Despite progress, cancer continues to be a leading cause of death worldwide, impacting millions of people. Given the significant unmet medical need and breadth of cancers, many of which have limited treatment options, we are purposeful in advancing research in areas where we believe we can have the greatest impact.
We take a comprehensive approach to identifying new treatments for patients with cancer, enabling us to explore both single agents and combinations of targeted and immuno-therapies from both within and beyond our portfolio. We also collaborate with major universities and other companies to bring additional discovery platforms and therapeutics forward.
Our targeted therapy discovery efforts focus on identifying therapeutic intervention points within interdependent pathways that drive tumor growth, enabling us to leverage cross-program knowledge. Complementary to that is our immuno-therapy discovery strategy, which is built on a deep understanding of functional genomics, pharmacodynamics and state-of-the-art bioinformatics. Insights into the nuances of immune surveillance in health and disease are leading us to new opportunities to harness the immune system to fight cancer. Our world-class chemistry and biology groups apply these learnings to develop small molecule, monoclonal antibody and bispecific antibody drug candidates for clinical testing.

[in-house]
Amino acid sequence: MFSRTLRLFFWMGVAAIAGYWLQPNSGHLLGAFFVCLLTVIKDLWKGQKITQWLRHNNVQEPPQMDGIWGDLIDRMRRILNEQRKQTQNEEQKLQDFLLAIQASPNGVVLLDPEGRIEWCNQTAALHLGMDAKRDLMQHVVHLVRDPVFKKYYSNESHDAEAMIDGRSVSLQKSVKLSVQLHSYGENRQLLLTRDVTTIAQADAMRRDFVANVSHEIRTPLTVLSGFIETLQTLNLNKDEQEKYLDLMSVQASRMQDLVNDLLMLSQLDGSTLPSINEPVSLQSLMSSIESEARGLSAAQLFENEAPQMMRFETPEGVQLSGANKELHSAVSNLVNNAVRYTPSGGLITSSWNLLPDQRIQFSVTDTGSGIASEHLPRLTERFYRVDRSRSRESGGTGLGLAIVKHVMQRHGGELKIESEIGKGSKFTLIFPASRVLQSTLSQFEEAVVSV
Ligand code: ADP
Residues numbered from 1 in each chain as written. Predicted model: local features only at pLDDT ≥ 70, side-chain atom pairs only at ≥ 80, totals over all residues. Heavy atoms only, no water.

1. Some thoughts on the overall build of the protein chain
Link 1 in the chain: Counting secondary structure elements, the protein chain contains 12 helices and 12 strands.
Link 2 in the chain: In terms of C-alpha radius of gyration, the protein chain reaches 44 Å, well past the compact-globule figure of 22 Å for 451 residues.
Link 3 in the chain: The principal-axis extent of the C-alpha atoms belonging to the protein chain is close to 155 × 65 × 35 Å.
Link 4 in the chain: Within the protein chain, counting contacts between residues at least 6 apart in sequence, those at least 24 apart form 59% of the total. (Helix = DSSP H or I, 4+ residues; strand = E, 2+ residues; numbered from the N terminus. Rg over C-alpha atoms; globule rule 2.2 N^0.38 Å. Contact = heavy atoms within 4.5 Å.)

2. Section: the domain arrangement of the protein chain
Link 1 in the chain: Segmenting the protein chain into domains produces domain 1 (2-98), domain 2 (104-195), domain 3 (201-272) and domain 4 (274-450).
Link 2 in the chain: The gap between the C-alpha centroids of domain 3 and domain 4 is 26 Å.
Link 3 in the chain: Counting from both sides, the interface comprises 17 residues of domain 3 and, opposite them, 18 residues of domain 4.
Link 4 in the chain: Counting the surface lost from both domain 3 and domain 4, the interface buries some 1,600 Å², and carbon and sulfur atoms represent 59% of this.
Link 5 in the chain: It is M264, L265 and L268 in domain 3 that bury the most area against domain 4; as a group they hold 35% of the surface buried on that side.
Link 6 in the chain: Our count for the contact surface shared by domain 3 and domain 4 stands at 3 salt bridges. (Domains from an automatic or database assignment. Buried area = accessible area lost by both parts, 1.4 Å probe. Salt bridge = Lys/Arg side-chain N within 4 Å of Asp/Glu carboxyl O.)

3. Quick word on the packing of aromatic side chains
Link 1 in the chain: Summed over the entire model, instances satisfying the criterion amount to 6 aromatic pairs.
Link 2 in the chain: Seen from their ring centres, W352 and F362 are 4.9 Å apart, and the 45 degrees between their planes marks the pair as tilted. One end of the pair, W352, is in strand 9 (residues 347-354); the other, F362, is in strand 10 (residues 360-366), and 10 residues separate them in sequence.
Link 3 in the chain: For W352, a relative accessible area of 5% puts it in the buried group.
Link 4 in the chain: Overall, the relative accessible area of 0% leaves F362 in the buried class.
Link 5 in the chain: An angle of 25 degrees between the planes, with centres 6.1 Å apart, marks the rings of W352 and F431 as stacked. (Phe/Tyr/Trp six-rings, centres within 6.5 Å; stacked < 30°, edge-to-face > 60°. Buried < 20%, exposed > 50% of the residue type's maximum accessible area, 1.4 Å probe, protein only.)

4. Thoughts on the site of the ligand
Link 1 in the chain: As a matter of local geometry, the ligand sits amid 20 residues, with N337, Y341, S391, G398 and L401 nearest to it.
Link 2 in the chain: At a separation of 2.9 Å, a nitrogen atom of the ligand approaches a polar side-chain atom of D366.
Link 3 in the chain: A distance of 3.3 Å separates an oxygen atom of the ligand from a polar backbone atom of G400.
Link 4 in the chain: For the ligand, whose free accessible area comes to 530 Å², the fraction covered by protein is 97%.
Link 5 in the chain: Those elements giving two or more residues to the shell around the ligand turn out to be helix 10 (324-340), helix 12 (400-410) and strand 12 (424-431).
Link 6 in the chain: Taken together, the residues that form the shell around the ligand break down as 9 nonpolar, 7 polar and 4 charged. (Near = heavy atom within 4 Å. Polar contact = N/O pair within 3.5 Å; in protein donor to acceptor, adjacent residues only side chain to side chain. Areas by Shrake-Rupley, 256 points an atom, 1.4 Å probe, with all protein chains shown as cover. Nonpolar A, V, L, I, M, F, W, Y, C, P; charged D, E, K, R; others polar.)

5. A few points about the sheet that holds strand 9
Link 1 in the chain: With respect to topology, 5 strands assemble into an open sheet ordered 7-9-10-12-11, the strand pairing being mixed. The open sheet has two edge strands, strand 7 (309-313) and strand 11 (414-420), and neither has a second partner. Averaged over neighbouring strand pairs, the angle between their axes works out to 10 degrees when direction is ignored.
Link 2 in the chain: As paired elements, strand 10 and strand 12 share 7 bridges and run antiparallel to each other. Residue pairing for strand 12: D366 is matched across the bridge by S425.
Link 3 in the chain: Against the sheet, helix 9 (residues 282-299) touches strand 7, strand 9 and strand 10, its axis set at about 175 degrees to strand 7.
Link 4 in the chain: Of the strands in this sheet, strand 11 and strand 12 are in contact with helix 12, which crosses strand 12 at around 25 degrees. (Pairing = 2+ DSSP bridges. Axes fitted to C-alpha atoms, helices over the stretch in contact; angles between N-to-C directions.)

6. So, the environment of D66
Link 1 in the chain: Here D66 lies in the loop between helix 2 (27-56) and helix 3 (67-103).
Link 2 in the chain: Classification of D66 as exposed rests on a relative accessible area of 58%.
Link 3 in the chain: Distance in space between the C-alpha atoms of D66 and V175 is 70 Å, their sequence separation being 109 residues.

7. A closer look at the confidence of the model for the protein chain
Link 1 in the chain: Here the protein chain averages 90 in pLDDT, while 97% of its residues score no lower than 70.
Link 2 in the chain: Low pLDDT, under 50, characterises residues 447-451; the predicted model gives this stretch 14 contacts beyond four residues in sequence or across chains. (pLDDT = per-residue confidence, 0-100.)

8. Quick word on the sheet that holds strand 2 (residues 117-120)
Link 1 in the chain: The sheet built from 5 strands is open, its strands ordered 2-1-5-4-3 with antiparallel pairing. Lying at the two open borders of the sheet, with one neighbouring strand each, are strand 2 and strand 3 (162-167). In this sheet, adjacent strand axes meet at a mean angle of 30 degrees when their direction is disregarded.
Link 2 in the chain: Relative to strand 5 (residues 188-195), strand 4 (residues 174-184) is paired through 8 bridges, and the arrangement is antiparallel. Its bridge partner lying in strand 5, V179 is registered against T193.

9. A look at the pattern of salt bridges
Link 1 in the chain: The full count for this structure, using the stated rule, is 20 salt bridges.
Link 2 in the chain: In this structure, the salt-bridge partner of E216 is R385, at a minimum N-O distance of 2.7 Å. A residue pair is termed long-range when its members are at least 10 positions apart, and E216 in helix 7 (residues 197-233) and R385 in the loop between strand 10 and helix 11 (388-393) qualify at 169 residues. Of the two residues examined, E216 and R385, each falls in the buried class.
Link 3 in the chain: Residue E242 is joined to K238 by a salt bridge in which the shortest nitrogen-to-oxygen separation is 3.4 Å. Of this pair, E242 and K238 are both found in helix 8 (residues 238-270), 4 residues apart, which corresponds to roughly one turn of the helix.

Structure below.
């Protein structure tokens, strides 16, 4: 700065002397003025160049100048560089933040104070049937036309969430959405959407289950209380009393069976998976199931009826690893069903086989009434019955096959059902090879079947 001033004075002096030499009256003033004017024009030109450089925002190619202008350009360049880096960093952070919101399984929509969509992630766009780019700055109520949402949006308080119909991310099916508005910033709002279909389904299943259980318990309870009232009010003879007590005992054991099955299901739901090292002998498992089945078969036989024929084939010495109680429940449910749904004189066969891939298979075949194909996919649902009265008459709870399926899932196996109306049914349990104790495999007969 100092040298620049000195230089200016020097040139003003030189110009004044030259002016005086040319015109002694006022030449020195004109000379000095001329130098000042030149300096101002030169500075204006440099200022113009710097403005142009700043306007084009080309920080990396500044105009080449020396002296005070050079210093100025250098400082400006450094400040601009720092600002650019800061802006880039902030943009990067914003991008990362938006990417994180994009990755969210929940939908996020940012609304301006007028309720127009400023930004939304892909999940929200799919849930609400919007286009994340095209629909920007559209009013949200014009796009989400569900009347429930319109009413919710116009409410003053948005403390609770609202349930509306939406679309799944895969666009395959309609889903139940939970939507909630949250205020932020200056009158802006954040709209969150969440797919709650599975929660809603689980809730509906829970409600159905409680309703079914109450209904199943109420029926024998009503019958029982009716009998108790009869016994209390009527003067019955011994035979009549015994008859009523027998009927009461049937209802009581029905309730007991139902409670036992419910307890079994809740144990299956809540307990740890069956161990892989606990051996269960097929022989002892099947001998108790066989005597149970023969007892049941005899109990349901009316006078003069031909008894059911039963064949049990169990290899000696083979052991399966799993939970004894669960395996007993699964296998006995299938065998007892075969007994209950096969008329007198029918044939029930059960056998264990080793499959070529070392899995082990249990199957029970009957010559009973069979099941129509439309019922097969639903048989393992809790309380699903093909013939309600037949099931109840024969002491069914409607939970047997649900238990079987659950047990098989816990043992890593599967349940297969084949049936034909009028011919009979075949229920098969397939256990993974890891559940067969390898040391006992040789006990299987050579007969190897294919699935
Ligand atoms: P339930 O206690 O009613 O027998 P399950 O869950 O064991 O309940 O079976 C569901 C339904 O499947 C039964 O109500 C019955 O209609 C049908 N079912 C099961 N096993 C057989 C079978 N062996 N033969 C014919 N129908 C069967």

Our Science-Driven Approach in Action
We strive to identify patients who may benefit from targeting specific immune regulatory pathways to activate innate and adaptive immunity. Learnings from our trials allow continual refinement of our approaches with the goal of customizing immuno-therapy for cancer patients. For example:
- Our programs targeting adenosine and immune checkpoints focus on reintroducing a patient’s immune system to their cancer. Targeting the adenosine receptors and ectoenzymes that produce adenosine may be a more effective approach to blocking this key immunosuppressive pathway.
- Similarly, targeting multiple T-cell immune checkpoints, such as LAG-3, TIM-3 and PD-1, may be a way to improve on the progress achieved by targeting PD-1 alone.
Additionally, we are pursuing novel points of synergy and complementary mechanisms of action that have the potential to improve efficacy or the safety profile of our therapies. For example:
- Incyte is a leader in the discovery and development of therapies for patients with myeloproliferative neoplasms (MPNs) and graft-versus-host disease (GVHD). The Leadership In MPNs and GVHD BEyond Ruxolitinib (LIMBER) program is designed to evaluate multiple monotherapy and combination strategies to improve and expand treatments for patients with MPNs and GVHD. The program currently has three key areas of focus: development of a new, once-daily formulation of ruxolitinib; ruxolitinib-based combinations with new targets such as PI3Kδ, BET and ALK2; and new therapeutic options such as Mutant CALR.